When people want to ensure their families will be cared for after their deaths or when they are looking to better manage their properties, many Floridians consider establishing trusts. Essentially, this estate planning tool allows people to transfer ownership of assets to another person or institution; in some cases, without subjecting inheritances to estate taxes. Before choosing a trustee, or person to oversee the trust, it is important to understand the duties that he or she must perform.

According to Florida state law, trustees are required to deal impartially with beneficiaries and show them loyalty. The trustee must balance the interests of the income beneficiaries against those of the remaindermen, or beneficiaries who stand to inherit from the trust upon its dissolution. Further, trustees are required to make accounts to the trust beneficiaries, keeping them informed of any losses or growth.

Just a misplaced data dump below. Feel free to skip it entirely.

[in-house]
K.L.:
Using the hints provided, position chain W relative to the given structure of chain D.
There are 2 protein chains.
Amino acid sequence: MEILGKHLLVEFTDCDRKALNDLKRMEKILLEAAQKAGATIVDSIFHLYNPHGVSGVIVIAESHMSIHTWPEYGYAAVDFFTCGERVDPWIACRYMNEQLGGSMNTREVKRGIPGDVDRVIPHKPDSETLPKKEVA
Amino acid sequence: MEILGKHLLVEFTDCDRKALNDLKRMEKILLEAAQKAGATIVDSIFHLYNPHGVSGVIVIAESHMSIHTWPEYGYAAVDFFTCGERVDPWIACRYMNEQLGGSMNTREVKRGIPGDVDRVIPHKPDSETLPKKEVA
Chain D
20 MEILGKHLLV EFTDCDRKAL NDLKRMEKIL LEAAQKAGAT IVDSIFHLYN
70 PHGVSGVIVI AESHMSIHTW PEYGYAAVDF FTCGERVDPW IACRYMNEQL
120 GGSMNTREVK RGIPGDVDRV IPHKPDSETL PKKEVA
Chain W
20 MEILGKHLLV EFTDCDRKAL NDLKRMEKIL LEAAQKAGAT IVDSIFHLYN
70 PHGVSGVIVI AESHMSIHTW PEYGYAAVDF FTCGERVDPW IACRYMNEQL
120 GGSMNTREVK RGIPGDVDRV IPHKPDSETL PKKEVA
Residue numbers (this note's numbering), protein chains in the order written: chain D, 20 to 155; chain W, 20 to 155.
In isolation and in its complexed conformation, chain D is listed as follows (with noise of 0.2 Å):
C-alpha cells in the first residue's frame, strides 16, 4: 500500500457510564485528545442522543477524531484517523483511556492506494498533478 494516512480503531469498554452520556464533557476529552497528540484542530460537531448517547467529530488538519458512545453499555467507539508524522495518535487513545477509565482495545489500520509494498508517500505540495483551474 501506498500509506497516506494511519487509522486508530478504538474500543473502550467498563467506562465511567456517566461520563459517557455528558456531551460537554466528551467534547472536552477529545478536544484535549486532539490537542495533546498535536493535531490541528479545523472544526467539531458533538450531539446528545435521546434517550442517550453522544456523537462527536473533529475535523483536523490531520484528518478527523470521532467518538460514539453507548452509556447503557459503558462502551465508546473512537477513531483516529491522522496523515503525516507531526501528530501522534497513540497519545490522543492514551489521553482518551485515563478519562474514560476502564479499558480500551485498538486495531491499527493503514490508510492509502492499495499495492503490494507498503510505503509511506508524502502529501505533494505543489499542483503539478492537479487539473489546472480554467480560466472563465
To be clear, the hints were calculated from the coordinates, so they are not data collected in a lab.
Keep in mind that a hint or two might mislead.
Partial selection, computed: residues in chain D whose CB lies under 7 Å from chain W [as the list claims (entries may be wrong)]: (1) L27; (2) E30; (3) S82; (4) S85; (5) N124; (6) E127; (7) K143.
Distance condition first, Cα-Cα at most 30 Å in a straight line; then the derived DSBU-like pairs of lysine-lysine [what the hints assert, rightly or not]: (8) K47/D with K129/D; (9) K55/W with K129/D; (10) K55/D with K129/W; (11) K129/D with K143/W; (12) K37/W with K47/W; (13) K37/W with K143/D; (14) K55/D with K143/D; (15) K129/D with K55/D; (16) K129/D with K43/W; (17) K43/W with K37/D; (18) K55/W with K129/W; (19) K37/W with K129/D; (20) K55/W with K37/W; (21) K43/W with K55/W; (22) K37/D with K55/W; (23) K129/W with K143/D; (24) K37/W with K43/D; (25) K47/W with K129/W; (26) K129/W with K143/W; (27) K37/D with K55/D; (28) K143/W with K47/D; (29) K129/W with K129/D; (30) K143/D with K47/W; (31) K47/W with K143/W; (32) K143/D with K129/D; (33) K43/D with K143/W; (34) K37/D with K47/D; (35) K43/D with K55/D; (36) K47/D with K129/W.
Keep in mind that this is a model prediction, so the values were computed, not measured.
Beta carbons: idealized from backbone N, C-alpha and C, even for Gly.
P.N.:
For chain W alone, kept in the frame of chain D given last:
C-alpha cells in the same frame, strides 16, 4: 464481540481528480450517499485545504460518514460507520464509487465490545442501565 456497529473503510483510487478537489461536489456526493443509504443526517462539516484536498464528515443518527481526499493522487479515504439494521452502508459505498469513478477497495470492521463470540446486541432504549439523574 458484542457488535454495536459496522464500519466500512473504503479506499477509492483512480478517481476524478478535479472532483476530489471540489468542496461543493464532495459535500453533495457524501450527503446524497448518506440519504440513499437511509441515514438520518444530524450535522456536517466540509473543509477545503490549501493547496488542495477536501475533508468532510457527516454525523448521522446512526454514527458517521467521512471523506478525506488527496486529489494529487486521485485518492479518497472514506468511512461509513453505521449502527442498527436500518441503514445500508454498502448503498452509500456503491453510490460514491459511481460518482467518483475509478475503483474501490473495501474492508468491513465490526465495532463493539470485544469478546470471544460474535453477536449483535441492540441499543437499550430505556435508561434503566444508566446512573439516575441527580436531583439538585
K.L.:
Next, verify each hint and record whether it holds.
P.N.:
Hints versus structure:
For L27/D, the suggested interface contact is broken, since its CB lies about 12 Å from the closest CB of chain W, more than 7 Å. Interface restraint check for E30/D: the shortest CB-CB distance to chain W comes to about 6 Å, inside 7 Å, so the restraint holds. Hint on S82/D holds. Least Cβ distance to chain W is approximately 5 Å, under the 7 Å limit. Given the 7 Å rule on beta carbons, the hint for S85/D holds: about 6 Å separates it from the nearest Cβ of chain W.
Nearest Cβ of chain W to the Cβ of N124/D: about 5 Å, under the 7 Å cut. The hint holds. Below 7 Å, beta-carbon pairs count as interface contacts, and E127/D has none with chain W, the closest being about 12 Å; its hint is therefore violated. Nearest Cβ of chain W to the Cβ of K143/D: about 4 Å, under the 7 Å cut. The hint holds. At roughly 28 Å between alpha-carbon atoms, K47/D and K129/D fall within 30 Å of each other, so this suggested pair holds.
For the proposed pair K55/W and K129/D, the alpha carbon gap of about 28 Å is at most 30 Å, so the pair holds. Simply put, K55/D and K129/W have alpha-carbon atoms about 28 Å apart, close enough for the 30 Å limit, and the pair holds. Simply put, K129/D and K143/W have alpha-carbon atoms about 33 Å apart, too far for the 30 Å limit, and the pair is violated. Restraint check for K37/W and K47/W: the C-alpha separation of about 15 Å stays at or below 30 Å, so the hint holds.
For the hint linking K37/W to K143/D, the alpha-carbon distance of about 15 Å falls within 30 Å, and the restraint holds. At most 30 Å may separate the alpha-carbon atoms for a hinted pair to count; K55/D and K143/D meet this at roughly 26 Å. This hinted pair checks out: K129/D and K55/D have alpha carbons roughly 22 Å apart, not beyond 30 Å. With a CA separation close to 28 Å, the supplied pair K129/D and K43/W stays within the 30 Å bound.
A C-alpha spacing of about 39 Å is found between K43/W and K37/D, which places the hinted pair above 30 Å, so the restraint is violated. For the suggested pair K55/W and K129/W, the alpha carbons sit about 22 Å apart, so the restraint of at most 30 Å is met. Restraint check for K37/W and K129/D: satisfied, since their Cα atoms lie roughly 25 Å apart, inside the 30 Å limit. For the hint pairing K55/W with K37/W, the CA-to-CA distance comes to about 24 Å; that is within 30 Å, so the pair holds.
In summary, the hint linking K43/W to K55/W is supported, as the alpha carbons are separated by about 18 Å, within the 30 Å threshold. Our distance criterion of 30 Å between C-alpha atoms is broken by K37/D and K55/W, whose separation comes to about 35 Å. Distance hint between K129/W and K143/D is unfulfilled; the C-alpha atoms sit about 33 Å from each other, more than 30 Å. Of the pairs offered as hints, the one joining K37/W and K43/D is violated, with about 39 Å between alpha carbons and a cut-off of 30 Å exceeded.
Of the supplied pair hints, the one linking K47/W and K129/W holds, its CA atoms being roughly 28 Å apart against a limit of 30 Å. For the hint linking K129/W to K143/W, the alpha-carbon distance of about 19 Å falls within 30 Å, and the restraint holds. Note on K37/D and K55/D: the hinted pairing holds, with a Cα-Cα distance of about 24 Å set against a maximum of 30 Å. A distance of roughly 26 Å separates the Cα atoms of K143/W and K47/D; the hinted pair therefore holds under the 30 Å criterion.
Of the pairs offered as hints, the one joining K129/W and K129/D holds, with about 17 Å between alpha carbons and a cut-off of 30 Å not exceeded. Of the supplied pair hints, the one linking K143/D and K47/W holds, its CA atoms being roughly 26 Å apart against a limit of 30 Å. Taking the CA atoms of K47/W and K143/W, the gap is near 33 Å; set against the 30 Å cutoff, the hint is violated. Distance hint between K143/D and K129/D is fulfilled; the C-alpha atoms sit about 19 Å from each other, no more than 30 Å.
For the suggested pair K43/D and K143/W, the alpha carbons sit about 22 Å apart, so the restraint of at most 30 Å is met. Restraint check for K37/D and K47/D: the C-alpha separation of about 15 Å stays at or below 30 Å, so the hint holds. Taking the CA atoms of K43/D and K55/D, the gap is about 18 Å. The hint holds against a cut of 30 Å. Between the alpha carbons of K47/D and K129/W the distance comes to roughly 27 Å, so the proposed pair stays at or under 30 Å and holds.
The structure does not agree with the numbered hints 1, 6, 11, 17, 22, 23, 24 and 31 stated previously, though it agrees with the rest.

When it comes to administering trusts, trustees are also expected to avoid conflicts of interest. This is particularly important when the trustee is also a beneficiary of the trust. In such cases, trustees are not permitted to favor themselves over or at the expense of any other trust beneficiaries. Even if they are also beneficiaries, trustees are expected to keep their personal assets separate from the trust assets, so they can maintain accurate records of what is going in and coming out of the trust accounts.

According to the CPA Journal, naming a trustee is an important decision. Grantors, or the creators of trusts, should choose someone who will exercise strong, independent, compassionate and fair judgment. People may consider naming a trusted family member, close friend, attorney, accountant or banking institution as trustees.